New Delhi has a disproportionate number of real-time air quality monitoring stations, as reported in The Wire. Being the national capital region, having the highest population in the country and the maximum resources (financial, technical/scientific and administrative), administrators in New Delhi have a responsibility and are in a position to set the direction that can be followed by the rest of the country.
The neighbouring state of Uttar Pradesh, having a population of over 200 million people has the next highest number of continuous air pollution monitoring stations across the state, a meagre 10!
Singrauli, a town of over 1.2 million people and a designated Critically Polluted Area (CPA) in Madhya Pradesh has no real-time government monitoring stations. This is symptomatic of the pollution monitoring situation in the country.
Independent scientifically validated low-cost and real-time air quality monitoring stations can assist in tracking air quality levels in towns and cities where there are no government monitoring stations available.
An analysis of real-time air quality data for a period of 10 days – from Nov 1 to Nov 10 – in the city of Kanpur has found some useful diurnal air quality related trends. It was found that the air quality levels there were worse from the hours of 6am to 7am and were the cleanest from the hours of 2 to 3pm.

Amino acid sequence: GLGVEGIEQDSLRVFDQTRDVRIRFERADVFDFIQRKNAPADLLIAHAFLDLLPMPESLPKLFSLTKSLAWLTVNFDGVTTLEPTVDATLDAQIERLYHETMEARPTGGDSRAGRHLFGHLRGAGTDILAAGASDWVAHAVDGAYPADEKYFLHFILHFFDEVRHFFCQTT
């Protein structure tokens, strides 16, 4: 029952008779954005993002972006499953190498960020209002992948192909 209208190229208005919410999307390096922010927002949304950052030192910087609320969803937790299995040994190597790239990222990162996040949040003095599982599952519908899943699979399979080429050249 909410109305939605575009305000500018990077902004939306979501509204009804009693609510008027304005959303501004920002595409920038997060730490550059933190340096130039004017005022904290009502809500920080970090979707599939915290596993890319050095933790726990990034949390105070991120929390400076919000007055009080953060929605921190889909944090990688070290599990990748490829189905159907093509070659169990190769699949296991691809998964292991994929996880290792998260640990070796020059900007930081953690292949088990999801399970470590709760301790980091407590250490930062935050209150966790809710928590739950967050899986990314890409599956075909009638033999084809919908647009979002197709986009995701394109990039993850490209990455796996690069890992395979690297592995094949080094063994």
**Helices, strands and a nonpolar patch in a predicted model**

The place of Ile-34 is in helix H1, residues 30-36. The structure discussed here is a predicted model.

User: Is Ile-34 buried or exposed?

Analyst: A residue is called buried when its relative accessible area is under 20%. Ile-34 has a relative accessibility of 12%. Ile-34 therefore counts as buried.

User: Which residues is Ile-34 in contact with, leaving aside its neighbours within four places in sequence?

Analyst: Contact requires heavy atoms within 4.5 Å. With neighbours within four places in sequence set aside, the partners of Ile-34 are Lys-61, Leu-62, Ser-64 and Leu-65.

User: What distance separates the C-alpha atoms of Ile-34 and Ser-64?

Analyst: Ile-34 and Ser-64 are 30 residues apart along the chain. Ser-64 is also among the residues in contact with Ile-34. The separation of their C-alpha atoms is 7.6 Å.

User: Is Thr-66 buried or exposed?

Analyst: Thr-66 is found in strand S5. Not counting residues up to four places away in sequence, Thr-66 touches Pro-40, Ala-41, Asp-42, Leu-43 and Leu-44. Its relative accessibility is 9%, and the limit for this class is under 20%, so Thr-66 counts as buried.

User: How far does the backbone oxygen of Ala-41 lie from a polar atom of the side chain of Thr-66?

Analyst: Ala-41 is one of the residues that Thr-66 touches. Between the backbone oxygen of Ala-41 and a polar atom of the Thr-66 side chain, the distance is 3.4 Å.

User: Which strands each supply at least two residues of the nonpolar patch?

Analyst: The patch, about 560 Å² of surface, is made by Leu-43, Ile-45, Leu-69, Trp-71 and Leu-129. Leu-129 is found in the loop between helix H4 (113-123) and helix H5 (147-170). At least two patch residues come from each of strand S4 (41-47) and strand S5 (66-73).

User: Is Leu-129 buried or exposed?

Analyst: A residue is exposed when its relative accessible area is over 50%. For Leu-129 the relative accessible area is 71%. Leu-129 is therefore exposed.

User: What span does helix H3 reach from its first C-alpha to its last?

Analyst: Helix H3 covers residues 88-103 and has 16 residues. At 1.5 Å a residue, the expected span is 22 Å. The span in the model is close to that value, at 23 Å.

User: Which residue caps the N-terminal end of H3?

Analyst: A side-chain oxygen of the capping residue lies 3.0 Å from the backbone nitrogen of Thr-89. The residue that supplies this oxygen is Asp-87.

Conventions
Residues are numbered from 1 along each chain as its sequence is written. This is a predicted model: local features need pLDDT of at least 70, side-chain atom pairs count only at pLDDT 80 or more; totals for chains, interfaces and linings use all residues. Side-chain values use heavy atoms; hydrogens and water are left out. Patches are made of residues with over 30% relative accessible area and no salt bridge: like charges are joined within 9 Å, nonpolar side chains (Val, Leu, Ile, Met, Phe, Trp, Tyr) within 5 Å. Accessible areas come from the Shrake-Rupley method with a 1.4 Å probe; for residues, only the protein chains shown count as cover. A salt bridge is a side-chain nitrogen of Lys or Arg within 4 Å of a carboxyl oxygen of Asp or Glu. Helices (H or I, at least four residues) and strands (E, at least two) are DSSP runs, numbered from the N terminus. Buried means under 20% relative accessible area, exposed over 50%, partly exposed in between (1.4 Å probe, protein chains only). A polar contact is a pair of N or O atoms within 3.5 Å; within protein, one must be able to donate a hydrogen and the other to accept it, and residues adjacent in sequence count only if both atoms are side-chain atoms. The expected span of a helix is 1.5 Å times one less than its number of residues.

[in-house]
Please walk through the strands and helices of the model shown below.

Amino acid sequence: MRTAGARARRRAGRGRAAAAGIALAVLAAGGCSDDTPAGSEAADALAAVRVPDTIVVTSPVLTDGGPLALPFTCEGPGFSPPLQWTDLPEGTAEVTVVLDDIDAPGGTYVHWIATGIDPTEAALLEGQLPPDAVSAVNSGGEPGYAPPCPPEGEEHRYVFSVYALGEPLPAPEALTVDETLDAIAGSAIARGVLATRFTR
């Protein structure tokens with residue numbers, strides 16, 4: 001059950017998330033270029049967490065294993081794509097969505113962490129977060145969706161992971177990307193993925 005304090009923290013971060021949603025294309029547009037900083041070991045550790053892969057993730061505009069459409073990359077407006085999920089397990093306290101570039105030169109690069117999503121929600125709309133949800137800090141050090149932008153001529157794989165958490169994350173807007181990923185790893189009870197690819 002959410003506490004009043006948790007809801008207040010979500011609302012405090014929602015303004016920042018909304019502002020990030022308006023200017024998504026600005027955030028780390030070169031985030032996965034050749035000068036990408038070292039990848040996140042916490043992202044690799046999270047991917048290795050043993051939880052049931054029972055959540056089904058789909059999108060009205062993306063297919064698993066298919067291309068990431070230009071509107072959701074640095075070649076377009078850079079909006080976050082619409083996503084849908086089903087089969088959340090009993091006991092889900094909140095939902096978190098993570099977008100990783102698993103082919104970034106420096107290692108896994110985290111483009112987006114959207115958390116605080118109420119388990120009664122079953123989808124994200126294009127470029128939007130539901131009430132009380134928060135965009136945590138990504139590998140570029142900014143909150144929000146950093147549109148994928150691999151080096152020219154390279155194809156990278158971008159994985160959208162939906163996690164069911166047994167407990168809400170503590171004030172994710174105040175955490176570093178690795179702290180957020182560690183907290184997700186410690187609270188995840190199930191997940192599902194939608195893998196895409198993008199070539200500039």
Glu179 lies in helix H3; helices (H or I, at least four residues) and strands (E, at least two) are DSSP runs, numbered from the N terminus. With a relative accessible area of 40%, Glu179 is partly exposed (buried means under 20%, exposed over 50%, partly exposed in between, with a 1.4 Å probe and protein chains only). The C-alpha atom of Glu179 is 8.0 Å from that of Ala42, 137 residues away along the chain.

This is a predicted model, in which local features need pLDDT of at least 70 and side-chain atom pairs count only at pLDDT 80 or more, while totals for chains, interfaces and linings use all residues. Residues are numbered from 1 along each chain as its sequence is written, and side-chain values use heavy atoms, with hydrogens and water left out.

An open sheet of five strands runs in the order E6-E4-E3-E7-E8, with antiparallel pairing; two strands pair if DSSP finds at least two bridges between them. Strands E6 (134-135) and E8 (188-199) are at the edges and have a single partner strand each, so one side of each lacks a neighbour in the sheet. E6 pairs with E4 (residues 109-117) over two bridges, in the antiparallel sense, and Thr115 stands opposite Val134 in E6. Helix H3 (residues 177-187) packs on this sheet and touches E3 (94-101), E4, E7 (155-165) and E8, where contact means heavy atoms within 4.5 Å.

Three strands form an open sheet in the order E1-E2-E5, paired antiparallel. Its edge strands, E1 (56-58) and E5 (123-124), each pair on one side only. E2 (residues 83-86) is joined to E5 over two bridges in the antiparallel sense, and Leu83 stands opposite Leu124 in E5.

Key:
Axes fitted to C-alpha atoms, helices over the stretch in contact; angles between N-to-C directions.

Similar diurnal trends in air quality have been observed in the cities of New Delhi with a significant difference between the peak levels and the lowest PM2.5 levels during the day.
Insights based on such hourly real-time data can make a direct policy level impact. School timings, especially timings for outdoor/playground activities can be adjusted based on real-time PM2.5 levels.
The Haryana Education Minister released a directive on November 8 to officially change the school timings to 9am to 3.30pm. Steps such as these are examples of a responsive government policy framework. More such policy directives should be encouraged, which are brought about by citizen voices and backed by sound scientific data and information.
Promptness and participation: The key to solutions